Friday, September 30, 2022

Bros - Review


The newest trend with the last decade or so of romcoms is to call attention to the fact that it’s a romcom. A lot of them can’t balance that self-referential tone, but quite a few have turned that consciousness into something snappy and satisfying. Bros leans fully into the machinations of the genre, almost dipping into meta territory, and brilliantly showcases the skills of its star and co-writer, Billy Eichner.

Following in the footsteps of numerous rom-coms before it, Bros centers around a self-doubting, proud and single Bobby Lieber. A curator for the new LGBTQ+ history museum in New York City, Bobby finds out a little more about himself and meets a lawyer named Aaron, and the romantic comedy promptly gets underway. 

Before eyes meet across the crowded club of sweat and neon, the audience gets to meet Bobby and understand his character. Bobby is very much an imitation of Billy Eichner’s own TV persona, and Bros feels all the more personal for it. Eichner, together with director Nicholas Stoller, wrote the screenplay that is so effortlessly funny and sweet while also having some things to say. It echoes Bobby’s belief that gay relationships are not the same as straight ones, and in doing so, illustrates a different perspective on the absurdity of the dating scene.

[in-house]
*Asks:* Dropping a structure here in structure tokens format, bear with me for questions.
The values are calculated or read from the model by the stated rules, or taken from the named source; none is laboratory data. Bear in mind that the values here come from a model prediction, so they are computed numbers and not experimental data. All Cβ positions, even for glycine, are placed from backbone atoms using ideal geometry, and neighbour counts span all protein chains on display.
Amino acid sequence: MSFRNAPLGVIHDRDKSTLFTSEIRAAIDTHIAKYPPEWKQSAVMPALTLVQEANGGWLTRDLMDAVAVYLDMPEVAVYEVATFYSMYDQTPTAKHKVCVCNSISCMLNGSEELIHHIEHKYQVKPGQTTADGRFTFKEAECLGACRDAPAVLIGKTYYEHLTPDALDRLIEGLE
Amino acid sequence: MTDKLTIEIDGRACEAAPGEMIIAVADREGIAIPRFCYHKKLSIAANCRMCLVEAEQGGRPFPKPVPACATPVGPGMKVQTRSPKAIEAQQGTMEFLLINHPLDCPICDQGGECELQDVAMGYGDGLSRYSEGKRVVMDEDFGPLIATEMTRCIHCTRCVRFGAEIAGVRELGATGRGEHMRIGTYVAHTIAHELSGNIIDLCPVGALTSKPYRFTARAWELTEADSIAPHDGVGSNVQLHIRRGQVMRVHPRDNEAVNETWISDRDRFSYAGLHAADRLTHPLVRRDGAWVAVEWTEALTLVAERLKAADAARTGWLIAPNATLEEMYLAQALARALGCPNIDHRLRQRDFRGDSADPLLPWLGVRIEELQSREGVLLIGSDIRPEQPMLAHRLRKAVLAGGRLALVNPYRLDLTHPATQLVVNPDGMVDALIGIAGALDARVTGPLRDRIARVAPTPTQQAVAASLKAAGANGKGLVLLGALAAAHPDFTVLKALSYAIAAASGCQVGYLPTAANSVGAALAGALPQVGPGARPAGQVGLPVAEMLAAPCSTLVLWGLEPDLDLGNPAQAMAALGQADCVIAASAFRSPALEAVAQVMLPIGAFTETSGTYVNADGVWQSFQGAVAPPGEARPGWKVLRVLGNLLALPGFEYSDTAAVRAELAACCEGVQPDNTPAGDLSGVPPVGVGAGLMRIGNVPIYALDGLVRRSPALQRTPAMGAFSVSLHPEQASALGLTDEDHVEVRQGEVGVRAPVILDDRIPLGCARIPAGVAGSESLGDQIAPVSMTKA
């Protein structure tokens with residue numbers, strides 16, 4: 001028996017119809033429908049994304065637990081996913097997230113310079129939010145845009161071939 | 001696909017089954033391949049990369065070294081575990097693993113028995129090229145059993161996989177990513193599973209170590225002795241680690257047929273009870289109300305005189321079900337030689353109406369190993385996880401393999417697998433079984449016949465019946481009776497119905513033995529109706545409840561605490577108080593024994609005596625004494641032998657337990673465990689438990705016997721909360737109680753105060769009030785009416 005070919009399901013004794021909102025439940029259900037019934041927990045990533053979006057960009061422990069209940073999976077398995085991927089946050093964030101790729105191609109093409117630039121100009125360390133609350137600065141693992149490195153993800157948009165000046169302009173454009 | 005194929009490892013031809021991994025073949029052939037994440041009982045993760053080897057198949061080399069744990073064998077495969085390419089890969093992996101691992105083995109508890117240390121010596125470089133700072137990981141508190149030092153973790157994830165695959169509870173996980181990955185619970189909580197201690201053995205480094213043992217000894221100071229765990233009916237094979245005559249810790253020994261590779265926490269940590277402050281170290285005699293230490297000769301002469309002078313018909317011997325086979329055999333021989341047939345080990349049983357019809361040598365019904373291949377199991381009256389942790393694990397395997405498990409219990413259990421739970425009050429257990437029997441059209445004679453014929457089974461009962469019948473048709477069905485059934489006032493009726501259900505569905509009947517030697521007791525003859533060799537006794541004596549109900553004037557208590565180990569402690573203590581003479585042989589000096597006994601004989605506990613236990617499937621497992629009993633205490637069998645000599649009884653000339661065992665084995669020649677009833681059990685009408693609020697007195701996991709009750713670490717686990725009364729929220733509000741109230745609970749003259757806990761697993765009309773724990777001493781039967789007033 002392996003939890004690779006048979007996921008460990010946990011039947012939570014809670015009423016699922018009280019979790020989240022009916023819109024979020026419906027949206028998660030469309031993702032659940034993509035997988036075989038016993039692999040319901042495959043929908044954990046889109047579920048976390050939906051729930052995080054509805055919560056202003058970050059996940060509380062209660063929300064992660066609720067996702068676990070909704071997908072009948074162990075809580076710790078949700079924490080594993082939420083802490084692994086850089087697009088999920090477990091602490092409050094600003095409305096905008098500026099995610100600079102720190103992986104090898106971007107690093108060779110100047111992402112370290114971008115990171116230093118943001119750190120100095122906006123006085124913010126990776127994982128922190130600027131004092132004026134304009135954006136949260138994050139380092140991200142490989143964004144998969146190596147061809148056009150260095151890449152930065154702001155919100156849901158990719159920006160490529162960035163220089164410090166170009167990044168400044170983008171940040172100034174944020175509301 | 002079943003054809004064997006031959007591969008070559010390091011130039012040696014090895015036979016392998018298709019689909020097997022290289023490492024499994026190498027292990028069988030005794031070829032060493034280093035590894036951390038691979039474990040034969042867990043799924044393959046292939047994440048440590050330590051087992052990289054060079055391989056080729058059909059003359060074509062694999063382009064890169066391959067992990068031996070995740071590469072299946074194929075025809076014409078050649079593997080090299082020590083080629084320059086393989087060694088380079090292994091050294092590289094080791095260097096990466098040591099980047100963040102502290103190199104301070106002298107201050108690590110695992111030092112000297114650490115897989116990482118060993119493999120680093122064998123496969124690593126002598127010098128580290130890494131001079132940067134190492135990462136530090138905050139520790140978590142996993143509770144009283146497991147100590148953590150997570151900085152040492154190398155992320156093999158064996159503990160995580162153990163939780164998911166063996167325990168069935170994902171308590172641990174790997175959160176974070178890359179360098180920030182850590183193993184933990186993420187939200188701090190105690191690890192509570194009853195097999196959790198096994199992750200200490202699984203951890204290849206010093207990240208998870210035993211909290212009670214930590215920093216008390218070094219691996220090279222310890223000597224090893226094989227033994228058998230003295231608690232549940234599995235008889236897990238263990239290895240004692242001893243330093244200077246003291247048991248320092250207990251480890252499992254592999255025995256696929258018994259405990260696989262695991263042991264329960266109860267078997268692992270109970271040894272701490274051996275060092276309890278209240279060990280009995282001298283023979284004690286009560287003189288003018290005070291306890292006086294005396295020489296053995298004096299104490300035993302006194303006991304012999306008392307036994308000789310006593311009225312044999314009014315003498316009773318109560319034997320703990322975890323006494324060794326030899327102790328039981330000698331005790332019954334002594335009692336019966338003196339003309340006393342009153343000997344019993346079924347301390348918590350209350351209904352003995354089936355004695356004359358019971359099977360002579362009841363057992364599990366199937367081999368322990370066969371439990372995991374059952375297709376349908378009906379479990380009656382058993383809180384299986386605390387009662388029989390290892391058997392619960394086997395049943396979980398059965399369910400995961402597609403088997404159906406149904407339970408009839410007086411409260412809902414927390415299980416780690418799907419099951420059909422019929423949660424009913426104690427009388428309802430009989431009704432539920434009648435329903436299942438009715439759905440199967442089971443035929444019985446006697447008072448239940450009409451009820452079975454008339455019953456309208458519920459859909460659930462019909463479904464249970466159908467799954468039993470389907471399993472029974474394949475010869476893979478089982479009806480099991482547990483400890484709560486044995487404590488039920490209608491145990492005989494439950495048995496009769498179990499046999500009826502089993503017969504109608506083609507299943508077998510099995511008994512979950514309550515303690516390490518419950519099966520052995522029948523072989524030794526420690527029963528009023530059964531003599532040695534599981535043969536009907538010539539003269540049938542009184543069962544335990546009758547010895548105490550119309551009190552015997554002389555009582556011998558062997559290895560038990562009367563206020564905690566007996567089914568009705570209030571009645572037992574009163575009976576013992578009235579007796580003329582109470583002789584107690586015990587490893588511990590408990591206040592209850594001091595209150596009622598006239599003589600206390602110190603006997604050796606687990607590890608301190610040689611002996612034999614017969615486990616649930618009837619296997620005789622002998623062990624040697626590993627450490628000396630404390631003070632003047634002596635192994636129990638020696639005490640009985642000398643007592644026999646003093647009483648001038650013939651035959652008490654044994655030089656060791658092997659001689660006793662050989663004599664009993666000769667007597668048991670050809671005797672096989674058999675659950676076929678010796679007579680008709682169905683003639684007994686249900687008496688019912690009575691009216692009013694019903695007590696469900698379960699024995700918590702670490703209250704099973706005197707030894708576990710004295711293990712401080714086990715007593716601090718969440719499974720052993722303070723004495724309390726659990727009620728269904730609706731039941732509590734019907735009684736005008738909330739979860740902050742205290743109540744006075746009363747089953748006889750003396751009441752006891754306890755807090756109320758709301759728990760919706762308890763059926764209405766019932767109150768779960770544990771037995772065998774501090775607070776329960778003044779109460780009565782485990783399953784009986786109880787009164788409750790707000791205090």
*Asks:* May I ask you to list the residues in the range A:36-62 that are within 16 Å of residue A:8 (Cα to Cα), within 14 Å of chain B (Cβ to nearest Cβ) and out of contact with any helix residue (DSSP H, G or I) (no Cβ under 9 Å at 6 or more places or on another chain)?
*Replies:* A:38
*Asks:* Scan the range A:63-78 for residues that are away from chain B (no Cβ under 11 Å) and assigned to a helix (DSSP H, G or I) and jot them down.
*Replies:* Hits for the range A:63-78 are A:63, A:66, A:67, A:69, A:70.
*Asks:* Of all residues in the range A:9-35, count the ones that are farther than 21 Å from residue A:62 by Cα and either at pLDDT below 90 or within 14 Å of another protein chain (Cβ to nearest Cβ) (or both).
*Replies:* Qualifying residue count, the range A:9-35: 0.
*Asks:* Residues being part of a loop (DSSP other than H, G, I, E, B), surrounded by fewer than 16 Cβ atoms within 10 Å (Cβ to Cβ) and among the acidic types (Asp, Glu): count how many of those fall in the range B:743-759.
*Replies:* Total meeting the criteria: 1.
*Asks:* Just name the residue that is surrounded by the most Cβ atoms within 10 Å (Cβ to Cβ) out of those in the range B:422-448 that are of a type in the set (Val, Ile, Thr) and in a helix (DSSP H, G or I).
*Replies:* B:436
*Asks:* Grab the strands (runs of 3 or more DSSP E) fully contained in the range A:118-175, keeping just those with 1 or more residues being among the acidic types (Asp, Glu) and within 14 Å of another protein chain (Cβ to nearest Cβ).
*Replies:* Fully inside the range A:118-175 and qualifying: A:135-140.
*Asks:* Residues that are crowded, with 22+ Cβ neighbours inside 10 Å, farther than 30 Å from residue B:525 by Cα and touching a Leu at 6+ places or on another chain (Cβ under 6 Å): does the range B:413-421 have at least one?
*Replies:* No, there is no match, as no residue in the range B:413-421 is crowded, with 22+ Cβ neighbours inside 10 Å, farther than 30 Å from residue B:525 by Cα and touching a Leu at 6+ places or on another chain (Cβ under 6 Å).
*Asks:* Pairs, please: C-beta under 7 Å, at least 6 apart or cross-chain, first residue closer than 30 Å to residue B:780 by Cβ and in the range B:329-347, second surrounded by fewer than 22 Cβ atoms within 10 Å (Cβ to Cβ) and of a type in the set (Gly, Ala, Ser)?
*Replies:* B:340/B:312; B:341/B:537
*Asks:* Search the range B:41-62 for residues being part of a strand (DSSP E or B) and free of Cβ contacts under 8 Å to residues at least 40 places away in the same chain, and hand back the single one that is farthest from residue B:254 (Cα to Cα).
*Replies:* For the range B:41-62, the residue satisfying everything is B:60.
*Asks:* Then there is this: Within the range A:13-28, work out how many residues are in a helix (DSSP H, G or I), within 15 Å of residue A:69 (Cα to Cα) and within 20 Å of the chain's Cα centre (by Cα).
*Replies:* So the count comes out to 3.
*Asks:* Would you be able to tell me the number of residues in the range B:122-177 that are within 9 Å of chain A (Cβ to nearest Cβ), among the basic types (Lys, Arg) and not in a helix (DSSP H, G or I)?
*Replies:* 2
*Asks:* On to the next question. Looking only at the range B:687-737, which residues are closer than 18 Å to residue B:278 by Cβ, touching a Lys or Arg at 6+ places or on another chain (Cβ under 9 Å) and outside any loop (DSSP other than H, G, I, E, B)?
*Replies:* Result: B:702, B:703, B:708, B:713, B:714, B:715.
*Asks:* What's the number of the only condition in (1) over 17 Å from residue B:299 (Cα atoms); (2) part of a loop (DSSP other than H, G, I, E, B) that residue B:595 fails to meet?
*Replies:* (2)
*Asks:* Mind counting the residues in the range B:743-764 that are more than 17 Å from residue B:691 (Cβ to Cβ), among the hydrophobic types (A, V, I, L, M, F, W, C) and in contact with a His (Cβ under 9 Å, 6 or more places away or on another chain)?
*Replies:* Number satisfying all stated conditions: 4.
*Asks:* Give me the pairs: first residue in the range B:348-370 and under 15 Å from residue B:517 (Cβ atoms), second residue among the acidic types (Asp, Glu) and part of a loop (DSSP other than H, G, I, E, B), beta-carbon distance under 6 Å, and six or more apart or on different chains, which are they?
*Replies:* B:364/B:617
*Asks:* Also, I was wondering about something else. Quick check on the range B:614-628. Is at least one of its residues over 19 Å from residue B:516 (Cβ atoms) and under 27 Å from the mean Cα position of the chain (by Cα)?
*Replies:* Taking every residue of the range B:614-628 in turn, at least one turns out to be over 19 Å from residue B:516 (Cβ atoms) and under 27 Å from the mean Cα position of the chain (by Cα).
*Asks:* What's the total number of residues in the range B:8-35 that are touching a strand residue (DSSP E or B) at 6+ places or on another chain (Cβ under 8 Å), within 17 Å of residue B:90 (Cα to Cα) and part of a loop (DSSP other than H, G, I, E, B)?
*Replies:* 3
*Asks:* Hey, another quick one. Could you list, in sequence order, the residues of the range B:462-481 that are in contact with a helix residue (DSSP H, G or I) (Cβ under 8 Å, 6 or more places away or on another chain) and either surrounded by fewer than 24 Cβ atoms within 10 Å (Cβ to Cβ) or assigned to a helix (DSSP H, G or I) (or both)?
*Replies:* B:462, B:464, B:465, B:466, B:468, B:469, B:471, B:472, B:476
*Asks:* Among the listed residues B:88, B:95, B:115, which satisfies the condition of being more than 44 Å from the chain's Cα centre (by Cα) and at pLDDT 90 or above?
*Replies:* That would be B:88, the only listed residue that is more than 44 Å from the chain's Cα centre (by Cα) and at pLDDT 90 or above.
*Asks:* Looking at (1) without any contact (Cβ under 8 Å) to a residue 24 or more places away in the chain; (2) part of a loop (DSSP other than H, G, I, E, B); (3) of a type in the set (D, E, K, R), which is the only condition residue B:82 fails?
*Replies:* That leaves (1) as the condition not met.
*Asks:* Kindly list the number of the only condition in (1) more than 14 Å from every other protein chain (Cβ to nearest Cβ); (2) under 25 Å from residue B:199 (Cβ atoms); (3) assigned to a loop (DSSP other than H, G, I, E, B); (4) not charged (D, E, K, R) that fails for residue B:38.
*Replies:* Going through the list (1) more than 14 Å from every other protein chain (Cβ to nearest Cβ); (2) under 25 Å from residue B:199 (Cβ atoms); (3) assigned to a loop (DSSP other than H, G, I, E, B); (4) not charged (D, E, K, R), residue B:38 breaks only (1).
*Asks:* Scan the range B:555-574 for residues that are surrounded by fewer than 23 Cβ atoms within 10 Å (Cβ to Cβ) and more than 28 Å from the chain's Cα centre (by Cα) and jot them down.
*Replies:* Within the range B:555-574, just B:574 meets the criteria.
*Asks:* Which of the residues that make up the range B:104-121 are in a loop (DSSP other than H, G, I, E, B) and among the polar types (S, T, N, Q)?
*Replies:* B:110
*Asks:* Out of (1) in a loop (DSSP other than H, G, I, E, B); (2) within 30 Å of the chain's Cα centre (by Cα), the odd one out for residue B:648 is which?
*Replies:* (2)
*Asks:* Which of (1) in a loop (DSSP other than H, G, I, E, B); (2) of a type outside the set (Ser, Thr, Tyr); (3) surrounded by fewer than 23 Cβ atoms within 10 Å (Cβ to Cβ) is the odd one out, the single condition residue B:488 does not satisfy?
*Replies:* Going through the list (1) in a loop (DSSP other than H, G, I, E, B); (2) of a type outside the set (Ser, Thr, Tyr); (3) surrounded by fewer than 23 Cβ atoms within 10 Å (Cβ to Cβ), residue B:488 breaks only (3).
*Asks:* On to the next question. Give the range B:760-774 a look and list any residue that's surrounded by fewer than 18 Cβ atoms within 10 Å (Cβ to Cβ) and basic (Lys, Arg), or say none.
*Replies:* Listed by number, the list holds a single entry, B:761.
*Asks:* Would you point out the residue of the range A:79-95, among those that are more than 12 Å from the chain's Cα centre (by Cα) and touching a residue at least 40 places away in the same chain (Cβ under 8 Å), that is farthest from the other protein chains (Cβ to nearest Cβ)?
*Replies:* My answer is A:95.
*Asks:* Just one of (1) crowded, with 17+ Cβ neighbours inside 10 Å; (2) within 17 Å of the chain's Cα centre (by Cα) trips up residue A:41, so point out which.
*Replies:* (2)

There’s a breezy likability to Bros. Director Nicholas Stoller is no stranger to studio comedies, his resume include numerous directorial outings in the genre, but the combination of his sensibilities with Eichner’s makes for a winning combination. Eichner clearly has a lot to express here, and the way Bros juxtaposes its romcom origins through the lens of a gay relationship is absolutely perfect at times. The usual trappings of a romantic comedy play out as expected, but they’re often followed by a twist or a turn that feels very specific to Eichner’s own experiences. 

Bros speeds along for most of the runtime, working through it s comedic asides and relationship markers on its way to a familiar conclusion. It makes the film insanely easy to watch, if not a little breakneck when it does want to start wrapping up. The montages can be more cliche than the subversiveness of its other beats throughout the film, but it’s never enough to drag down the overall charming nature.

From the start, Billy Eichner has been adamant that Bros is different. And as the first studio, theatrically released romcom with a gay relationship at its center and gay actors playing them, it does feel different. It can fall into similar tropes and cliches as other romcoms, but Eichner and Stoller put enough of a spin on those familiar beats that it never feels stale. Bros feels fresh because of it, and becomes another example of what can happen when you let people tell their own story. 

No comments :

Post a Comment